"Paul Levinson's It's Real Life is a page-turning exploration into that multiverse known as rock and roll. But it is much more than a marvelous adventure narrated by a master storyteller...it is also an exquisite meditation on the very nature of alternate history." -- Jack Dann, The Fiction Writer's Guide to Alternate History

Sunday, February 4, 2024

The Greatest Night in Pop: The Making of 'We Are the World'

There's almost nothing as satisfying on the screen as seeing a documentary that shows you how something else you saw and on the screen and loved was put together.  The Greatest Night in Pop does that with the 1985 video and recording, "We Are the World".  In part because our family was just getting started, in part because we cared about feeding people in need of food, in part because we were fans of so many of the artists who made that music, the video has been among my wife's and my favorites since the day we first saw it in March 1985.  It still brings tears to our eyes.  As did The Greatest Night in Pop documentary, many times.

As we were watching it on Netflix the other night, I realized what an important kind of new video and recording the 1985 performance brought into being.  Not a concert of great artists, but a single song performed by great artists.  The performance of George Harrison's "As My Guitar Gently Weeps" in the 2004 Rock 'n' Roll Hall of Fame inductions with Tom Petty, Stevie Winwood, and Prince (who delivers the best guitar playing I've ever seen) is even better than the Beatles' original recording, and owes a debt of gratitude to the way "We Are the World" brought together more than two score of artists nearly two decades earlier to make such eternal music.

Prince didn't make it to that recording, though he was very much desired, and The Greatest Night in Pop tells us at least a part of that story.  It also shows how Dylan, not really getting how he fit in the recording, sung his part perfectly after Stevie Wonder did a good mimic of Dylan singing like Dylan had in his heyday in the 1960s.  Cyndi Lauper, understandably nervous in the company of such greats, belts out a great line and ends with a "yeah, yeah, yeah".  She wonders if that was ok and is assured by Quincy Jones that it was just right.  The key of the song was of course right for some of the singers but not for everyone.  Bruce Springsteen, coming to the recording session with a hoarse voice just after a tour, sounds like he has "broken glass" in his throat, as someone remarks.  But it's just right for the subject of the recording.  Michael Jackson, who co-wrote the song with Lionel Richie, wants to add a "sha-la-la" to the chorus.  Smokey Robinson tells us in current time, when the documentary was recorded, how he had lots of experience working with Michael Jackson at Motown, and we see him walk up to Jackson in the "We Are the World" recording studio and talk him out of the "sha-la-la".  Diana Ross says how much she loved Daryl Hall's singing.  Who knew?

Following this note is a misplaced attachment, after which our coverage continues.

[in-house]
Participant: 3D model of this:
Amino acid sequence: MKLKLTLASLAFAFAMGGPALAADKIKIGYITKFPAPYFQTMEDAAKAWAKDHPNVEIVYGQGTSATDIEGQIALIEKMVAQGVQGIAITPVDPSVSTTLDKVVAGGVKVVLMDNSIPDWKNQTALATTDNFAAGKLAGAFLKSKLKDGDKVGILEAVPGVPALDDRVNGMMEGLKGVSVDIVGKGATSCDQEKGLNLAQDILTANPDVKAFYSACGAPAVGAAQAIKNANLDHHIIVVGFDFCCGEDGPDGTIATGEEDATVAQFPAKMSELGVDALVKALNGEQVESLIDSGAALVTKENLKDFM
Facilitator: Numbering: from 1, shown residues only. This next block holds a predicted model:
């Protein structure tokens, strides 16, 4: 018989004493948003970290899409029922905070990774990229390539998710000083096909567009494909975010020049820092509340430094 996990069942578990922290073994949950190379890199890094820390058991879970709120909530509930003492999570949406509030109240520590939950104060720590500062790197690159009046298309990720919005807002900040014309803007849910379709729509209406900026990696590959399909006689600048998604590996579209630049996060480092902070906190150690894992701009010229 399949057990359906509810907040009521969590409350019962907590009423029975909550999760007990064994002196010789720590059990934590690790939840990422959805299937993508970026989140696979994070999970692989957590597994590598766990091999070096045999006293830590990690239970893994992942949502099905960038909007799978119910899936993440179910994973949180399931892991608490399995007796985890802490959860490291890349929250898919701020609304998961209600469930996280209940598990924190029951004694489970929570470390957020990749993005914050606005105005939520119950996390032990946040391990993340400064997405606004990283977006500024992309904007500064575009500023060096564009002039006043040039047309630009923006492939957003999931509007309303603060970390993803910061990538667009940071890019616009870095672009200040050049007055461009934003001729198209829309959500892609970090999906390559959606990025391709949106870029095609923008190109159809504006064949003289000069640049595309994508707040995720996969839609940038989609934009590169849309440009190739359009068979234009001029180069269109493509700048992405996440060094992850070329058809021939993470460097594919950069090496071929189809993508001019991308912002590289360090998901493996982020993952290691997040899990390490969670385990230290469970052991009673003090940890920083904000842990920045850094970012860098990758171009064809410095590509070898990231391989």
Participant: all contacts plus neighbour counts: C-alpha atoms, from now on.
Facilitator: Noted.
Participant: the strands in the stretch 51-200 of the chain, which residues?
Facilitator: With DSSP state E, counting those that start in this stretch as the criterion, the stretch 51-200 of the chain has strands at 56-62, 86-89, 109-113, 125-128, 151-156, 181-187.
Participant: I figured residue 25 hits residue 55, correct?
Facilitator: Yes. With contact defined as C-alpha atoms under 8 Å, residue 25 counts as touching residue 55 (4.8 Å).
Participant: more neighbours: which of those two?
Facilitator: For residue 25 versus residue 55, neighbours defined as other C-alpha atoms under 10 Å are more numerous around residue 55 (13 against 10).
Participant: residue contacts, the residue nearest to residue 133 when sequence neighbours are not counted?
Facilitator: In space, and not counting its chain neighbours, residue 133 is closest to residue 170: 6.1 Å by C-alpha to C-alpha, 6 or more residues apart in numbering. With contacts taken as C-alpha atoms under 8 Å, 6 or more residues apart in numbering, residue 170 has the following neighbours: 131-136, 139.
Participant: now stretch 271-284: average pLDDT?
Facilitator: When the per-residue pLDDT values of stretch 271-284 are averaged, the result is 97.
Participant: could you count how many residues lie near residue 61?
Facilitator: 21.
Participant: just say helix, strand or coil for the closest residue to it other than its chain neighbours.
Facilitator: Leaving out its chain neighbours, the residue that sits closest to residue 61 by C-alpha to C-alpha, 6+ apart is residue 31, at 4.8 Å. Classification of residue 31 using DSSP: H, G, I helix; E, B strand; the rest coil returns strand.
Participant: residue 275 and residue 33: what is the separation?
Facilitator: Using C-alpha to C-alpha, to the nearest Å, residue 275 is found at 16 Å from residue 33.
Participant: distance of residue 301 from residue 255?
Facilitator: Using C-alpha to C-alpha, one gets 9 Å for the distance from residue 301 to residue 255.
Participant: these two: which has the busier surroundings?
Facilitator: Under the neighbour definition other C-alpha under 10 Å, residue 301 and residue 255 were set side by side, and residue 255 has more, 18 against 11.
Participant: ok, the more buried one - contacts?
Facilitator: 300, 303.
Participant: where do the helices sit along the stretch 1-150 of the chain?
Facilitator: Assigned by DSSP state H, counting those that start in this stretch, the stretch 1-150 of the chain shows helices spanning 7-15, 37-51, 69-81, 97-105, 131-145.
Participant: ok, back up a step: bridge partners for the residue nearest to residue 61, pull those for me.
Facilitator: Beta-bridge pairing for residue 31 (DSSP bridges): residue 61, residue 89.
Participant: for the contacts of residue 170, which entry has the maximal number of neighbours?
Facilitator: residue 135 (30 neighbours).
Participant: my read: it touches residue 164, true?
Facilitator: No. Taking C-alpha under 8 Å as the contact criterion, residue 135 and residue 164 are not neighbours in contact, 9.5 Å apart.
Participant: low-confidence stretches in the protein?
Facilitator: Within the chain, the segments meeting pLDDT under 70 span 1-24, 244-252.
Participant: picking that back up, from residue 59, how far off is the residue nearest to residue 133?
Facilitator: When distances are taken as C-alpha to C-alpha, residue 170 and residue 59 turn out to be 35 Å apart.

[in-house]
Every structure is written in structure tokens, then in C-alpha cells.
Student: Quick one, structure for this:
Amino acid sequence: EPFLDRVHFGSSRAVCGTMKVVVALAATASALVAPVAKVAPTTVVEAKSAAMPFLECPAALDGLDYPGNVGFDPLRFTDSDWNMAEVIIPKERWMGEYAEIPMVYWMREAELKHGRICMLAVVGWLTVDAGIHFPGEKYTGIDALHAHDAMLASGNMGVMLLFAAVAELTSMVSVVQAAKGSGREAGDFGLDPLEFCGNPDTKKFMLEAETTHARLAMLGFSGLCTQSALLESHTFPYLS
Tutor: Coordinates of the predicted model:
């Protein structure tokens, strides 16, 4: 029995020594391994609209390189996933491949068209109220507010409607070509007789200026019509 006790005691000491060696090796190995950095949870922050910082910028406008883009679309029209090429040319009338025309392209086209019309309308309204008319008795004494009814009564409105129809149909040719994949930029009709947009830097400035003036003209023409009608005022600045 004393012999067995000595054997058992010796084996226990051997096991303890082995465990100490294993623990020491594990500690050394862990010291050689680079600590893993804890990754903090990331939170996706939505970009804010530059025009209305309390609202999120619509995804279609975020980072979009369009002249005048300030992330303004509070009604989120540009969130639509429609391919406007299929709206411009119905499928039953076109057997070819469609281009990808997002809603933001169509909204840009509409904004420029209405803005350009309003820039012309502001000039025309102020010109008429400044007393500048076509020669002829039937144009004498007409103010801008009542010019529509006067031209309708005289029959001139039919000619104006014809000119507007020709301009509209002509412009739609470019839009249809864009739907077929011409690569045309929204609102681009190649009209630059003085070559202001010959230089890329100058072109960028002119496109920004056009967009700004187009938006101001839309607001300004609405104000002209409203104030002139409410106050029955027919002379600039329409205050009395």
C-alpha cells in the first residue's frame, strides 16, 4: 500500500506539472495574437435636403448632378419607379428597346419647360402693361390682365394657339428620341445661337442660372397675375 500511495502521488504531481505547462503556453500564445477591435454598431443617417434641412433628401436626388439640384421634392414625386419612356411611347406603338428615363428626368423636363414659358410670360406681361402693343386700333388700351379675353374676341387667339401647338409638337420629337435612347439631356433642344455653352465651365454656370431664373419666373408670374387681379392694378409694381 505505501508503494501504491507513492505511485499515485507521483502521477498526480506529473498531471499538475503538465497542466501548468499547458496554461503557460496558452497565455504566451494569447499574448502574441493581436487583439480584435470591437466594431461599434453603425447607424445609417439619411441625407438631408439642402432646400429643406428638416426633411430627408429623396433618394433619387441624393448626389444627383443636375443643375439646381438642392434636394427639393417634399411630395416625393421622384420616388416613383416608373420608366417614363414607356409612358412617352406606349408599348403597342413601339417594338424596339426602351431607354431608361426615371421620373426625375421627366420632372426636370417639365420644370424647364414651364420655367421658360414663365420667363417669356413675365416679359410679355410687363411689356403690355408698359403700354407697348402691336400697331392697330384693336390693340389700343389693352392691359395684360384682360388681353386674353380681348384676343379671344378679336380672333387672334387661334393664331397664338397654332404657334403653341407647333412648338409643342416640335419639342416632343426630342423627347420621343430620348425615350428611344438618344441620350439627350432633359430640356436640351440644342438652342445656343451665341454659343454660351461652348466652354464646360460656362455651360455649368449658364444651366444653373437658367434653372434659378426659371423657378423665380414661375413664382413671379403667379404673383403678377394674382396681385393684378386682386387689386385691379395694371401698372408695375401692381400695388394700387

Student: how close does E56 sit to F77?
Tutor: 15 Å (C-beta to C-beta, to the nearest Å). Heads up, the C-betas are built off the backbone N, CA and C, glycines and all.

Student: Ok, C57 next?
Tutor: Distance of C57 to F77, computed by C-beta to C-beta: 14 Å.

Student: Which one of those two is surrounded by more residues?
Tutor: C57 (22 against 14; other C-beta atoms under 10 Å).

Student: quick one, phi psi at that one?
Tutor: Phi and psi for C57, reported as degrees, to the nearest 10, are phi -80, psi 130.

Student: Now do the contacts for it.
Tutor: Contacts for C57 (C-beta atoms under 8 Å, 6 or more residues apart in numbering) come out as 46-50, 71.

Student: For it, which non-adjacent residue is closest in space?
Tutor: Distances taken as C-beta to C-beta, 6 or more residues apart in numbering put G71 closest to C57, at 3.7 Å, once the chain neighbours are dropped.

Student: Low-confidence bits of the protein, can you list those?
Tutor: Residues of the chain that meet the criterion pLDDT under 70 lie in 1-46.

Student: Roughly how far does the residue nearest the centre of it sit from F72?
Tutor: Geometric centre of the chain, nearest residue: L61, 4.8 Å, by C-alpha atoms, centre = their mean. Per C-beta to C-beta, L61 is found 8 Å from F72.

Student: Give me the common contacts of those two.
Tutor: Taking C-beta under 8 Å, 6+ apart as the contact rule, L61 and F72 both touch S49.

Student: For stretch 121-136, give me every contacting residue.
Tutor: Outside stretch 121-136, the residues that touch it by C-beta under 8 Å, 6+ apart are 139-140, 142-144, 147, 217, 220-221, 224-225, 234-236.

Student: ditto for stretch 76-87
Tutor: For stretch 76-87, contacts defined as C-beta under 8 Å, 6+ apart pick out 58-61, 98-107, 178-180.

The Greatest Night in Pop is a treasure-trove of such nuggets of musical history.  I expect my wife and I will be watching it a lot more than once.

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